Despite Chavez' ultra-chill delivery, the state of Goldman's fixed income trading business seems to be a source of anxiety internally. "I can tell you that everyone in our FICC business is focused on this topic and is working on it at a granular level," said Chavez. "We are looking to see where there are potentially gaps in our client coverage and [whether we can] onboard new clients and serve them."
While everyone focuses on Goldman's fixed income misery, it's easy to overlook the equally mediocre performance of the investment banking division. As the chart below shows, Goldman has lost market share to its U.S. rivals this year.
What's going wrong? Chavez said the bank had been "conflicted out" in equity capital markets deals and blamed fewer "follow-on" offerings and lower issuance of convertible bonds.
Either way, M&A at Bank of America looks like a far happier place than M&A at Goldman Sachs.
As Goldman's top line shrinks, its bottom line has been growing. Chavez said in April that the bank wasn't really focusing on revenue share and was more about returns and, "strong RoE across the cycle." So, perhaps this year's shrinking fixed income and M&A revenues aren't a big deal.
Maybe so. Except, as the chart below shows, most banks (BofA's global markets division excepted) increased profits substantially in their investment banking divisions in the first half of this year. Goldman's strong profit performance was therefore nothing special.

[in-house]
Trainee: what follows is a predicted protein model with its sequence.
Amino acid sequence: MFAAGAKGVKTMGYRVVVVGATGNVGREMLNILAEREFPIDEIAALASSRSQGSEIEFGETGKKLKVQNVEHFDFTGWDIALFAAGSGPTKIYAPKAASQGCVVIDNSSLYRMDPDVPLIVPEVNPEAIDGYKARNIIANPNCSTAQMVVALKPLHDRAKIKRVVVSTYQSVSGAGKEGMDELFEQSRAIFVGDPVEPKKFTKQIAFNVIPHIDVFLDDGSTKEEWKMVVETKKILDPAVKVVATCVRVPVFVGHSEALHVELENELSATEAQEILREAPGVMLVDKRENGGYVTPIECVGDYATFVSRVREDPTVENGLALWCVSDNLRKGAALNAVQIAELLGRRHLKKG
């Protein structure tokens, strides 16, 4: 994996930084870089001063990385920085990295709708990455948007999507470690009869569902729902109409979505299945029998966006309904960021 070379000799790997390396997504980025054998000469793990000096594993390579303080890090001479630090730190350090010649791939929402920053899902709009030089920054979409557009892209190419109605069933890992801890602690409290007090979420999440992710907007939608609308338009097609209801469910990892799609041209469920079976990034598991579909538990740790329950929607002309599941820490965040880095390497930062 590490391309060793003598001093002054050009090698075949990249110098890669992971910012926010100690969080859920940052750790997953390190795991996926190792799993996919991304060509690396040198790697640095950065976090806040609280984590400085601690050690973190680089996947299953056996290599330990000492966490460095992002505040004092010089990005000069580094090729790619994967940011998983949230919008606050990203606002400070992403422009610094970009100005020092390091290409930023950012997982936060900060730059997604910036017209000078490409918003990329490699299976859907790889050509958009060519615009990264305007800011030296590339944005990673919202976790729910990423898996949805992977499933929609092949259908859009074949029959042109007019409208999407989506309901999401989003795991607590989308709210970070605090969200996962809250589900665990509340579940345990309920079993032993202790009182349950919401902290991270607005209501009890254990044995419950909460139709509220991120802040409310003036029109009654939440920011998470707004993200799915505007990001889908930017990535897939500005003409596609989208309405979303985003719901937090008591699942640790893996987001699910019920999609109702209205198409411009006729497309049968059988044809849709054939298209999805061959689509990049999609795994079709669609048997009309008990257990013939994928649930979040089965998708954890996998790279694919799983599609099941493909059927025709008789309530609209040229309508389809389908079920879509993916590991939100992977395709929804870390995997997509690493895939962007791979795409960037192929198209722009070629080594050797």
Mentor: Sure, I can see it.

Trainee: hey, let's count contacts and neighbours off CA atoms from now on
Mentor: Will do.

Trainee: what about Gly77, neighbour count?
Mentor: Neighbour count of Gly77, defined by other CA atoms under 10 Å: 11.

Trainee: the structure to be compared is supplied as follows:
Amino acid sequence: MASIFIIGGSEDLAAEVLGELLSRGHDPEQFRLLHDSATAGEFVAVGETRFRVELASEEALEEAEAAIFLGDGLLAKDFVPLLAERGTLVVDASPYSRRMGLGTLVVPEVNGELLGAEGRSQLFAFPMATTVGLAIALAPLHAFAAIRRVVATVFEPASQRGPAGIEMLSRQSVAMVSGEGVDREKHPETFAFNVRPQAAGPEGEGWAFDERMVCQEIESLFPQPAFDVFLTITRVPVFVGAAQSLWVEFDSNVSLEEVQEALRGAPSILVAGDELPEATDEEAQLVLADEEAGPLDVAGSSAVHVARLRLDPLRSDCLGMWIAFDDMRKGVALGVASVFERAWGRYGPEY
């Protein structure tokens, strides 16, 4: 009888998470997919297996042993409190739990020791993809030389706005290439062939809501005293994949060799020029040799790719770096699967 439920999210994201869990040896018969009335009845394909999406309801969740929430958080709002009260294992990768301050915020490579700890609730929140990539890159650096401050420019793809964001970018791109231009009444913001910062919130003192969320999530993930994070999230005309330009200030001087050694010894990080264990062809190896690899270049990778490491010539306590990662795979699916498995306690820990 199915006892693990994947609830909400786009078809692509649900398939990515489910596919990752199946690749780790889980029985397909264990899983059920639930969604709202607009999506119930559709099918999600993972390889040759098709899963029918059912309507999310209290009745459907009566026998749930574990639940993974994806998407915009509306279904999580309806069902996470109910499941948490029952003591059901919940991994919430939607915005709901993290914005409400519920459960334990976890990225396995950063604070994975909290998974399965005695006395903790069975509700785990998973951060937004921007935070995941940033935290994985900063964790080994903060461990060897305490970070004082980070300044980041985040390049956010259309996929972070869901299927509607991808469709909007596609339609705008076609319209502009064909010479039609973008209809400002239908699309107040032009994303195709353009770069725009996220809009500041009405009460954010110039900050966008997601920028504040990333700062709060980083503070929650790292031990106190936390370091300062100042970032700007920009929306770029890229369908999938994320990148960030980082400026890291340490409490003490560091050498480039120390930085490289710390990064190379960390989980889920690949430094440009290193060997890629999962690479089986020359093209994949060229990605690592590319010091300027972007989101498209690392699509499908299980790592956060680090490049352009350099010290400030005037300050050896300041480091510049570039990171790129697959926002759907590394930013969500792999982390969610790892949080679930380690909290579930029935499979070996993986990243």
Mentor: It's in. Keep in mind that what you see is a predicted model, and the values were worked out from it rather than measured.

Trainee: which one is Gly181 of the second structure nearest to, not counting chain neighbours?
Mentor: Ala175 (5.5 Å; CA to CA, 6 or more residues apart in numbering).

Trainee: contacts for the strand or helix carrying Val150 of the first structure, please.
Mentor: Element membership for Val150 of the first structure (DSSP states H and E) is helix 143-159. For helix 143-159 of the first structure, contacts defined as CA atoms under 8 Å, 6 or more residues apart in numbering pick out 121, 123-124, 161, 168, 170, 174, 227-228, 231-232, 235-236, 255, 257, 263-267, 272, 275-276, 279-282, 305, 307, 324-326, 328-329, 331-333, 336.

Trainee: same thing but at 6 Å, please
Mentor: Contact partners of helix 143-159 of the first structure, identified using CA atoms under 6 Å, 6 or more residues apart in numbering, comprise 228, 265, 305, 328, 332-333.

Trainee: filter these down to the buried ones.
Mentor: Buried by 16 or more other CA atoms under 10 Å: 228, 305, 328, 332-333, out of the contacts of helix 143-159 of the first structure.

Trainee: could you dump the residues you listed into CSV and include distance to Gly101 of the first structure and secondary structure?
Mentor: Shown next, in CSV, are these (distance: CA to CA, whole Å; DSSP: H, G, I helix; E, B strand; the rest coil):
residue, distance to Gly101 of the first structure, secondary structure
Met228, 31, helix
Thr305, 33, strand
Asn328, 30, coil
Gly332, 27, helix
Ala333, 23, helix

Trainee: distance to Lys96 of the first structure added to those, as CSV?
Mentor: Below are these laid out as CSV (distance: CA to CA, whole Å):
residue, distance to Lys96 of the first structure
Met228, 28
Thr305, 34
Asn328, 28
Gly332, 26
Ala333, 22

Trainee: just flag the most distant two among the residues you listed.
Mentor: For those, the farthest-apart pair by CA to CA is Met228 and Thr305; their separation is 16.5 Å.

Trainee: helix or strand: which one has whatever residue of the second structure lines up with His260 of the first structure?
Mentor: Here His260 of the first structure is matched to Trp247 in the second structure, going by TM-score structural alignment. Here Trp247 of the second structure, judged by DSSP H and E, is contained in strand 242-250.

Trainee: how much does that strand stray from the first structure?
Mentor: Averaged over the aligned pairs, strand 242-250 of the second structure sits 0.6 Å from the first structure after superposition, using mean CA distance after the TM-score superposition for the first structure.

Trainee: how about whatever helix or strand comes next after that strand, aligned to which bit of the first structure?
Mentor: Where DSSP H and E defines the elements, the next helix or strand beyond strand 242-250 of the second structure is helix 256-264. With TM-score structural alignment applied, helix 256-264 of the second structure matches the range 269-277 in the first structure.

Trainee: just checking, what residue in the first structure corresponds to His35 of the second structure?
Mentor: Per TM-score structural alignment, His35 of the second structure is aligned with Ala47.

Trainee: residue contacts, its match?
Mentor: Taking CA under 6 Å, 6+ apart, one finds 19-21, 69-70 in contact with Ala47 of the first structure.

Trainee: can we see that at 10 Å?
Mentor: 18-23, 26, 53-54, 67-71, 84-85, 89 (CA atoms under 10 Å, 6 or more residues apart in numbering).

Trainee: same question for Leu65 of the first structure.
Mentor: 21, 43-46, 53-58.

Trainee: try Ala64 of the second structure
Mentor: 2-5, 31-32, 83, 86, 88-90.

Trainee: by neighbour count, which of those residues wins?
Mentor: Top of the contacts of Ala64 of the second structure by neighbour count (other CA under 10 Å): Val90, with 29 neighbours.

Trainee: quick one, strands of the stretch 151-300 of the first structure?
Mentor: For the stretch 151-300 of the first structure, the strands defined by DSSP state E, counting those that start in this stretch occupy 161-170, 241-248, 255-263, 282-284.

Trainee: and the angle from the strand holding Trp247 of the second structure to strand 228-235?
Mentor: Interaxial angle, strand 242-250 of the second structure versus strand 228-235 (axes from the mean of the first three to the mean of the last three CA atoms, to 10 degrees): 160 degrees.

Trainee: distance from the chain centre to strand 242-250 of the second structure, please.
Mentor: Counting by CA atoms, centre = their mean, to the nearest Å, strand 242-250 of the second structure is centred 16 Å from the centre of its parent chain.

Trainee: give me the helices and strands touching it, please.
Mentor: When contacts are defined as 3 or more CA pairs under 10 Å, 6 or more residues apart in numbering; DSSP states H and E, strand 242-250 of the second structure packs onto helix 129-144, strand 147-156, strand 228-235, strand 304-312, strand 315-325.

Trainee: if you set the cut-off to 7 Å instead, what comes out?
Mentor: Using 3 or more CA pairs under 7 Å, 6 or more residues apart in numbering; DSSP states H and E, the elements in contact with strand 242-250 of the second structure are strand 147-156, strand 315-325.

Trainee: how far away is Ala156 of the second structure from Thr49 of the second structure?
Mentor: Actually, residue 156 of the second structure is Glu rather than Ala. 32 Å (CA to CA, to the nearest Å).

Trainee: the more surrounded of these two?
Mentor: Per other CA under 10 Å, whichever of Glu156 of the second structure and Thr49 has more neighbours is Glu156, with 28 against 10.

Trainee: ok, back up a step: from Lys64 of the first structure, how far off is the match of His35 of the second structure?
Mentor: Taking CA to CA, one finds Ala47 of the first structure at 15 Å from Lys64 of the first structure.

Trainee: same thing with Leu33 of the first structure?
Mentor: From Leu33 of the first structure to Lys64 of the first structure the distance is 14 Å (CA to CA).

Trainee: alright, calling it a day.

More importantly, if Goldman's targeting its return on equity (RoE) over revenues, it's not exactly doing great. Yes, Goldman achieved a Return on Equity of 10.1% in the first half of this year. Yes, this was better than last year, but Goldman's RoE was 11.5% in the first half of 2013. - It's hard to make an argument for consistent improvement.
Lastly, despite its trials, Goldman didn't cut headcount in the second quarter. Instead, employees were weirdly flat at 34,100 - exactly the same as the end of March 2017. Chavez reiterated that the firm has finished making its $900m of cost savings, implying that there aren't any more layoffs to come.
Best of all, it looks like GS is paying more per head. In the first half of 2017, it set aside $191k to pay each employee - up 11% on last year.
No other U.S. bank breaks out compensation in a meaningful way, so it's hard to say what's happening to pay at rivals. - But whatever's wrong with Goldman right now, getting paid doesn't seem to be part of the issue.